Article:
Maximum Intended Inventory (1910.119(d)(2)(i)(C))

Lately we’ve been seeing quite a few misunderstandings of the inventory calculations required by a PSM program so I thought I would try and explain it as simply as I can. Both the EPA’s RMP and OSHA’s PSM require you to declare a “Maximum Intended Inventory.” What does that actually mean? Well, it’s often confused with the inventory calculation – or what’s more commonly called the charge calculation.

First, let’s first look at the guidance from OSHA and the EPA:

OSHA: Process technology information will be a part of the process safety information package and it is expected that it will include… employer established criteria for maximum inventory levels for process chemicals; limits beyond which would be considered upset condition…

EPA: You must document the maximum intended inventory of any vessel in which you store or process a regulated substance above its threshold quantity. You may want to check with any trade association or standards group that develops standards for your industry to determine if there are any limitations on inventories. For example, in some cases the maximum capacity of a tank may be 10,000 gallons, but an industry standard may recommend that the tank never be filled to more than 85 percent capacity. If you follow the standard, your maximum inventory would be 8,500 gallons.

We’re going to want to declare three things by the time we are done with this inventory issue:

1)     The ACTUAL charge of the system – The ACTUAL amount of Ammonia in the system. You can calculate this directly with NH3 properties charts and the PSI information on your piping and vessel volume. This is the number that decides if you are required to have a PSM/RMP program.

2)     The MAXIMUM inventory of each process vessel. Ammonia moves around the system and therefore vessels will often have more or less than the amount listed in the actual inventory calculation. We have to set a limit that we will allow in each vessel. MANY people decide to set this as 80% based on old RETA books. I would think that’s a maximum fill level to avoid hydraulic trapping but you shouldn’t rely on a rule of thumb – you will need to have an engineering reason for this number. This number is decided upon based on your PSI information and the Process Hazard Analysis you do.

3)     The MAXIMUM intended inventory of the system – the MAXIMUM amount of Ammonia you would ever want to put in the system under any circumstances. You will want to include some sort of procedure or policy that ensures this level is not exceeded – make sure this procedure or policy is audited as well. You could figure out this number by adding up all the figures you calculated in step #2.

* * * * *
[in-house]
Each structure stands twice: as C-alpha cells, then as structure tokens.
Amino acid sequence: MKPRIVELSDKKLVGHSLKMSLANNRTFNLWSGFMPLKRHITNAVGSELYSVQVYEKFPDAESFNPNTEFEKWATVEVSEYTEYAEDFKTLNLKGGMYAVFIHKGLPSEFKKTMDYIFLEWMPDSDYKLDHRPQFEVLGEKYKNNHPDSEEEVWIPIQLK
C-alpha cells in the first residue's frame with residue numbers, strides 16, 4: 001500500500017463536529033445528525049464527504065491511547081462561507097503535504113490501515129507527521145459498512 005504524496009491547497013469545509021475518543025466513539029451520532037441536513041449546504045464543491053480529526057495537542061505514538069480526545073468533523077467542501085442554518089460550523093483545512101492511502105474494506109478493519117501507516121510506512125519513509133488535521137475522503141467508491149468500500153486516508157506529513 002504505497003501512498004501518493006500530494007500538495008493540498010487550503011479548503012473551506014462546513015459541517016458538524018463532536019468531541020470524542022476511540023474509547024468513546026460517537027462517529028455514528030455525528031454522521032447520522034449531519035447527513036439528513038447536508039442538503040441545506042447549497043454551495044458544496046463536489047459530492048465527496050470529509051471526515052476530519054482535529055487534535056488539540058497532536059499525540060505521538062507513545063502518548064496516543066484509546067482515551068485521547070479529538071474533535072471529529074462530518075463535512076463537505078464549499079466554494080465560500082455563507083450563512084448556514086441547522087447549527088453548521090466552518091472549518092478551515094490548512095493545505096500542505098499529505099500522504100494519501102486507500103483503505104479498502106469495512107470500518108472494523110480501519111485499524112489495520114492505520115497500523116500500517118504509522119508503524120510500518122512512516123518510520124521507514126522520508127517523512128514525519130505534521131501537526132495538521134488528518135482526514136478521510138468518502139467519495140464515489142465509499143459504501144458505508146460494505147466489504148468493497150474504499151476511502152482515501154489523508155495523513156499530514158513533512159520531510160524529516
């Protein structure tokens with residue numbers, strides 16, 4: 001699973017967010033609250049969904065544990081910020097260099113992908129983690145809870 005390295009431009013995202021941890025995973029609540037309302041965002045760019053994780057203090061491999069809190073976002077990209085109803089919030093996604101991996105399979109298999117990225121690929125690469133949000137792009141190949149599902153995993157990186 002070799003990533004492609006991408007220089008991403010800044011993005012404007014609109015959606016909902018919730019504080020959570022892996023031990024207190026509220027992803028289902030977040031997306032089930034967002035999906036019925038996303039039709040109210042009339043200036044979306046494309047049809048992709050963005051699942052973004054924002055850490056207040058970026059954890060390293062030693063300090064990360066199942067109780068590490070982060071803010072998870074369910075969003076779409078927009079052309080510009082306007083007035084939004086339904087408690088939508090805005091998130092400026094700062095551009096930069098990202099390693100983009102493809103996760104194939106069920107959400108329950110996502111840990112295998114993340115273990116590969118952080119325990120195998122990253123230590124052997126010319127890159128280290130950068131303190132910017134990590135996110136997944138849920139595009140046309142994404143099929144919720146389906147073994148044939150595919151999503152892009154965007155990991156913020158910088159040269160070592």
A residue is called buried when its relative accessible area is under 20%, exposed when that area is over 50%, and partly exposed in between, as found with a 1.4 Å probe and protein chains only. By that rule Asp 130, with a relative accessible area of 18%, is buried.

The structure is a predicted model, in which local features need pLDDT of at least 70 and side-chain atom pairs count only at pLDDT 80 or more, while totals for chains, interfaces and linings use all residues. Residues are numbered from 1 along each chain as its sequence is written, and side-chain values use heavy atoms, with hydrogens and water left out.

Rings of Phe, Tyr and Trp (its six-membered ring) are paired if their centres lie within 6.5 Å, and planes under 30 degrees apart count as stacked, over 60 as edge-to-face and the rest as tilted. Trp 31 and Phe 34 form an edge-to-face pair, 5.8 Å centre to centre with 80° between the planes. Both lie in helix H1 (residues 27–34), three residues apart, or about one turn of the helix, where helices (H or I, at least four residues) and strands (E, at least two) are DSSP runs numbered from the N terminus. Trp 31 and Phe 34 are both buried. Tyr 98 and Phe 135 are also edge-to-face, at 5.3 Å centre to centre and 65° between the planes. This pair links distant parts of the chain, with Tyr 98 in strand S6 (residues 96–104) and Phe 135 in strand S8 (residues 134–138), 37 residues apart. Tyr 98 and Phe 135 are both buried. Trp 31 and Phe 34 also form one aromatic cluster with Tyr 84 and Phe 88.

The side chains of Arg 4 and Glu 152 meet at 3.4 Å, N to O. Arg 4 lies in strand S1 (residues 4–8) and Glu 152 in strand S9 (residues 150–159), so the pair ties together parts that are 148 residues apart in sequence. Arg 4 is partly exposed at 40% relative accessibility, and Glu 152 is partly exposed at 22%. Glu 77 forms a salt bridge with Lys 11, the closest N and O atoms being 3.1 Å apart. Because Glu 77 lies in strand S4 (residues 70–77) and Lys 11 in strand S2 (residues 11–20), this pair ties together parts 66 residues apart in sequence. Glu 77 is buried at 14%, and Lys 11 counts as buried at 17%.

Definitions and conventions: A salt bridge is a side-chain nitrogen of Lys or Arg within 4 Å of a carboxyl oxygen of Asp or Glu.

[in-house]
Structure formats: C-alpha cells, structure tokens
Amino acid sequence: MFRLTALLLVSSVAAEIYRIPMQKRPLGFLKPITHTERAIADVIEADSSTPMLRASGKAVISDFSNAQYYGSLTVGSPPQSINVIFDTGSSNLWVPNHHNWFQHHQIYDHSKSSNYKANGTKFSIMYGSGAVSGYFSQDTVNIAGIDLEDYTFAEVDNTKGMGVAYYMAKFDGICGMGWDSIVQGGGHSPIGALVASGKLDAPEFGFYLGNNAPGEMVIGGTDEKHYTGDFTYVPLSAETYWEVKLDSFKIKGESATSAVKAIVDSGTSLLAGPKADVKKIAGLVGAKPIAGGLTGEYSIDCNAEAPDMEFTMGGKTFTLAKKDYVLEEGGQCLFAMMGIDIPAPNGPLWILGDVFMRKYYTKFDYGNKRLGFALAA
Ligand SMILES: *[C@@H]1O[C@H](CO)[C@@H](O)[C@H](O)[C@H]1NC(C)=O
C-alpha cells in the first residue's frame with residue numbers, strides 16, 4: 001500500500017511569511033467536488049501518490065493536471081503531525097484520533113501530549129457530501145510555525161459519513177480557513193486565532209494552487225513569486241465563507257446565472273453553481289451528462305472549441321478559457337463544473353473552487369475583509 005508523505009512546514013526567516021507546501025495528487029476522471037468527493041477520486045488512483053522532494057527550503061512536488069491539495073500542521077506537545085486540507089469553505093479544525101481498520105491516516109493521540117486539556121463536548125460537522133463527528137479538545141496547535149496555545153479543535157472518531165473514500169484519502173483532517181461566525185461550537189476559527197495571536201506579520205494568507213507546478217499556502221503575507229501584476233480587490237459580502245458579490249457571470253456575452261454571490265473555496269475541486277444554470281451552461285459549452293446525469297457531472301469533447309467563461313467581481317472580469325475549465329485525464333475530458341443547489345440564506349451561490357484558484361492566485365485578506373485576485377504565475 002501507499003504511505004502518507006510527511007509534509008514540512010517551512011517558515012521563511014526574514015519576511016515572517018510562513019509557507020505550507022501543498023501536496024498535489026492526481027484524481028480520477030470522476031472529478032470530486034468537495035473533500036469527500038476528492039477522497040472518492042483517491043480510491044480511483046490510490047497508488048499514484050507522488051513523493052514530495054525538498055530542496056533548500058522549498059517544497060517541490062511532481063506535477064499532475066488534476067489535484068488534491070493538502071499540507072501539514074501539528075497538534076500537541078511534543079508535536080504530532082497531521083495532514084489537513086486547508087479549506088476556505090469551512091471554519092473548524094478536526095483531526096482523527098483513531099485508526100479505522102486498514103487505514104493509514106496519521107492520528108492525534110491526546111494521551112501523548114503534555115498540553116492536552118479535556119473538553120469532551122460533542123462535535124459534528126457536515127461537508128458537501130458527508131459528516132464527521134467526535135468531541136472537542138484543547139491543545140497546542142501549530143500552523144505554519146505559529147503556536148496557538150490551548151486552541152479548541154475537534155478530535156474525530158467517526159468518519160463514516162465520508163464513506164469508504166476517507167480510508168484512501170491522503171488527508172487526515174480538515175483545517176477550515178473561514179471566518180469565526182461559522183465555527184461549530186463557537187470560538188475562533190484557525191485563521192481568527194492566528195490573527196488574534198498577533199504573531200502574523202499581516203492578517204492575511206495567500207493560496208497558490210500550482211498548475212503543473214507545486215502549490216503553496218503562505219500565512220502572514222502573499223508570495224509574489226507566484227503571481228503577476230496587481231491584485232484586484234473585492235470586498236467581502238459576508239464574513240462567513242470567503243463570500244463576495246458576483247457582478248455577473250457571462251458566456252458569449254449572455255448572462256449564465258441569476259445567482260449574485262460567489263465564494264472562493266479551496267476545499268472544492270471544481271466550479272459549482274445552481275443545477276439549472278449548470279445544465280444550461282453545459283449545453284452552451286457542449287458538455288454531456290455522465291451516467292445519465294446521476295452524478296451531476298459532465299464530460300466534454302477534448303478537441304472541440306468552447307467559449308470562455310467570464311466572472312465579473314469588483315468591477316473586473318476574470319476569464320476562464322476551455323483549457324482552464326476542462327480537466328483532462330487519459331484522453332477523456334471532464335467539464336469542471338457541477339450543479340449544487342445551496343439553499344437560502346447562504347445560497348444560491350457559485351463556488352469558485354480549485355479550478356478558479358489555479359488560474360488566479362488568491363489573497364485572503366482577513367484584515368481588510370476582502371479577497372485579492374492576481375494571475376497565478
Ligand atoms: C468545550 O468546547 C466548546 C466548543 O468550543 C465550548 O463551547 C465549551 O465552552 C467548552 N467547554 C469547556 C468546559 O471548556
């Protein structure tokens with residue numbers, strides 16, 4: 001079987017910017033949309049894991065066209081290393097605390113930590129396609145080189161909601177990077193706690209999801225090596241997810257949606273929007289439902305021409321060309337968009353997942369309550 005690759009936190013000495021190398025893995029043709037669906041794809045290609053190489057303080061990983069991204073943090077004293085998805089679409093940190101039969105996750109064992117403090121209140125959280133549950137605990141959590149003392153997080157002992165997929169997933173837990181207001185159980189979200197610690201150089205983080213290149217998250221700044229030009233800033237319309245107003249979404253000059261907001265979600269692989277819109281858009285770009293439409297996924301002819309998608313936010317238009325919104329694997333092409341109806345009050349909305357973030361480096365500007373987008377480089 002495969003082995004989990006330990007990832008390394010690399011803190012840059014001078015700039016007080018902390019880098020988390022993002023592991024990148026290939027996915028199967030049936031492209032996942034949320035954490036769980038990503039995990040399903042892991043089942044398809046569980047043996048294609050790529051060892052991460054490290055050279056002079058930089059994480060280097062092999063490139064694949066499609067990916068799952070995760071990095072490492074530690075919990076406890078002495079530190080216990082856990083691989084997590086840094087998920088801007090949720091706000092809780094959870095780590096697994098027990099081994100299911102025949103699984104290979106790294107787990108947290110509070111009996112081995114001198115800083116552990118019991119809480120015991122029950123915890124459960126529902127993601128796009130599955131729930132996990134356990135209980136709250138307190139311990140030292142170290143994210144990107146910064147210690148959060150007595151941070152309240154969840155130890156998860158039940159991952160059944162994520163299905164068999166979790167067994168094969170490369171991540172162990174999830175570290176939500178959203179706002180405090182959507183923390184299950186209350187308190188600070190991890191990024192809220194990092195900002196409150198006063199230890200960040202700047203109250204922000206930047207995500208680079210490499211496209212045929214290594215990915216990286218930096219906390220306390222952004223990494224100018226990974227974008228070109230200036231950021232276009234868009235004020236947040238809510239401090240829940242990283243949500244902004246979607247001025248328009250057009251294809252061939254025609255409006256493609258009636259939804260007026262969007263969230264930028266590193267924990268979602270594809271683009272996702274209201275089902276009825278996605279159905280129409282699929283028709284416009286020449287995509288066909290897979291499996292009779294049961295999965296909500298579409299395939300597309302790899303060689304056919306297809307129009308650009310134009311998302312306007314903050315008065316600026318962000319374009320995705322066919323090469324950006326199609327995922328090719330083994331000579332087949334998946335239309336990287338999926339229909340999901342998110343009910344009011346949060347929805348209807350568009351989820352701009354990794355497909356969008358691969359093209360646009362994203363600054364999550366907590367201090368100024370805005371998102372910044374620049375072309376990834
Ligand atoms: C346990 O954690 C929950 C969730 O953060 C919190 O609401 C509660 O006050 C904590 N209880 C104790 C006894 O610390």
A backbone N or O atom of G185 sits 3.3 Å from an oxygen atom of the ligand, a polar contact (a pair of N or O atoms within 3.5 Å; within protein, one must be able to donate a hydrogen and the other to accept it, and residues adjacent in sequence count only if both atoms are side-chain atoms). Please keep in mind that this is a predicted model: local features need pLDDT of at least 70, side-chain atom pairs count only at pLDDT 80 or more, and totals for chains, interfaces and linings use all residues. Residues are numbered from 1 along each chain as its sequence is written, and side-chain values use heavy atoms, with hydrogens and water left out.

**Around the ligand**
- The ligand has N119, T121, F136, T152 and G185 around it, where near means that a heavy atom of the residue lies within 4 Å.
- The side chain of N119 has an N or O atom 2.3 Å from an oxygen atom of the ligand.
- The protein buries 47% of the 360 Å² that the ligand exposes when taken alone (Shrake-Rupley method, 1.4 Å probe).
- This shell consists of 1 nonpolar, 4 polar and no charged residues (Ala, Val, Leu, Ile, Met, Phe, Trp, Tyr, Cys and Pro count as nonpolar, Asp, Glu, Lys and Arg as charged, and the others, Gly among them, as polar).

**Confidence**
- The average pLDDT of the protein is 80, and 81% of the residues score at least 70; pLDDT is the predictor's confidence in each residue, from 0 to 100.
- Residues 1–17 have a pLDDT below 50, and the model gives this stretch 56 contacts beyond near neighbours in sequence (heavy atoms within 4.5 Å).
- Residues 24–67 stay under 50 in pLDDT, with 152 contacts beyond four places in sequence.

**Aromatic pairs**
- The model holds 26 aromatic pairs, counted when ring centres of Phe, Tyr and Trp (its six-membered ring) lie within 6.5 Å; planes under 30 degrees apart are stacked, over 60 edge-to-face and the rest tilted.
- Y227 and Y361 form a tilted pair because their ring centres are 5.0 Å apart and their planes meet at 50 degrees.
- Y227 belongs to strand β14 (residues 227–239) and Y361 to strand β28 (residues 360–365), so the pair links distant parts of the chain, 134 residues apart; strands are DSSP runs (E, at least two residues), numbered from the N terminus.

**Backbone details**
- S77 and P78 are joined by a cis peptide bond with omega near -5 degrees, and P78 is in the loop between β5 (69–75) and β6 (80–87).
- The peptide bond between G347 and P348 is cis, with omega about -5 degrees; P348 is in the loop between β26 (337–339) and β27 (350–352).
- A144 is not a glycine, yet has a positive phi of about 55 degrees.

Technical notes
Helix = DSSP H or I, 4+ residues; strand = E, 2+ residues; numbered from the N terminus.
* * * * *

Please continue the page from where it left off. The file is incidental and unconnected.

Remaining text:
It’s a good idea to document all the above in a letter to file explaining the quality control SOPs and administrative controls you have in place in regards to inventory level. Make sure you also describe the auditing component to these inventory controls so you can ensure your administrative solution is working. It wouldn’t hurt to write this letter to file in plain language so it’s easily understood. I love these “Letters to File” is that when an inspector asks me a question about something, such as my inventory in this case, I can just hand her a document.

The difficult part – the part you will want to do with your PHA team is the second item: the maximum levels for each vessel. Some choose to set this level at their limit of their normal operating range. The problem with setting maximum intended inventory levels at your normal operating levels is that when you exceed them (and you will from time to time) you’ve invalidated the document and any reasoning you made from it.

So let’s take a simple recirculator package that normally runs at 30% full. You might set your normal operating levels between 20-40% and your maximum intended inventory at 80%. Of course, if you have issues with inadequate liquid separation above 70% or so you might set that maximum intended level lower. The number you choose here can’t be arbitrary – you need to have some sort of engineering reason to explain this choice. Furthermore you must DOCUMENT that reasoning to answer the most often failed OSHA question:

Why have the implementation decisions and priorities been made as recorded in the PSM documentation?

If you really want to understand this question and why it’s even asked, check out the CSB video on the texas city disaster which resulted from not understanding what the maximum intended level actually was.

About Brian Chapin

PSM / RMP Compliance Consultant
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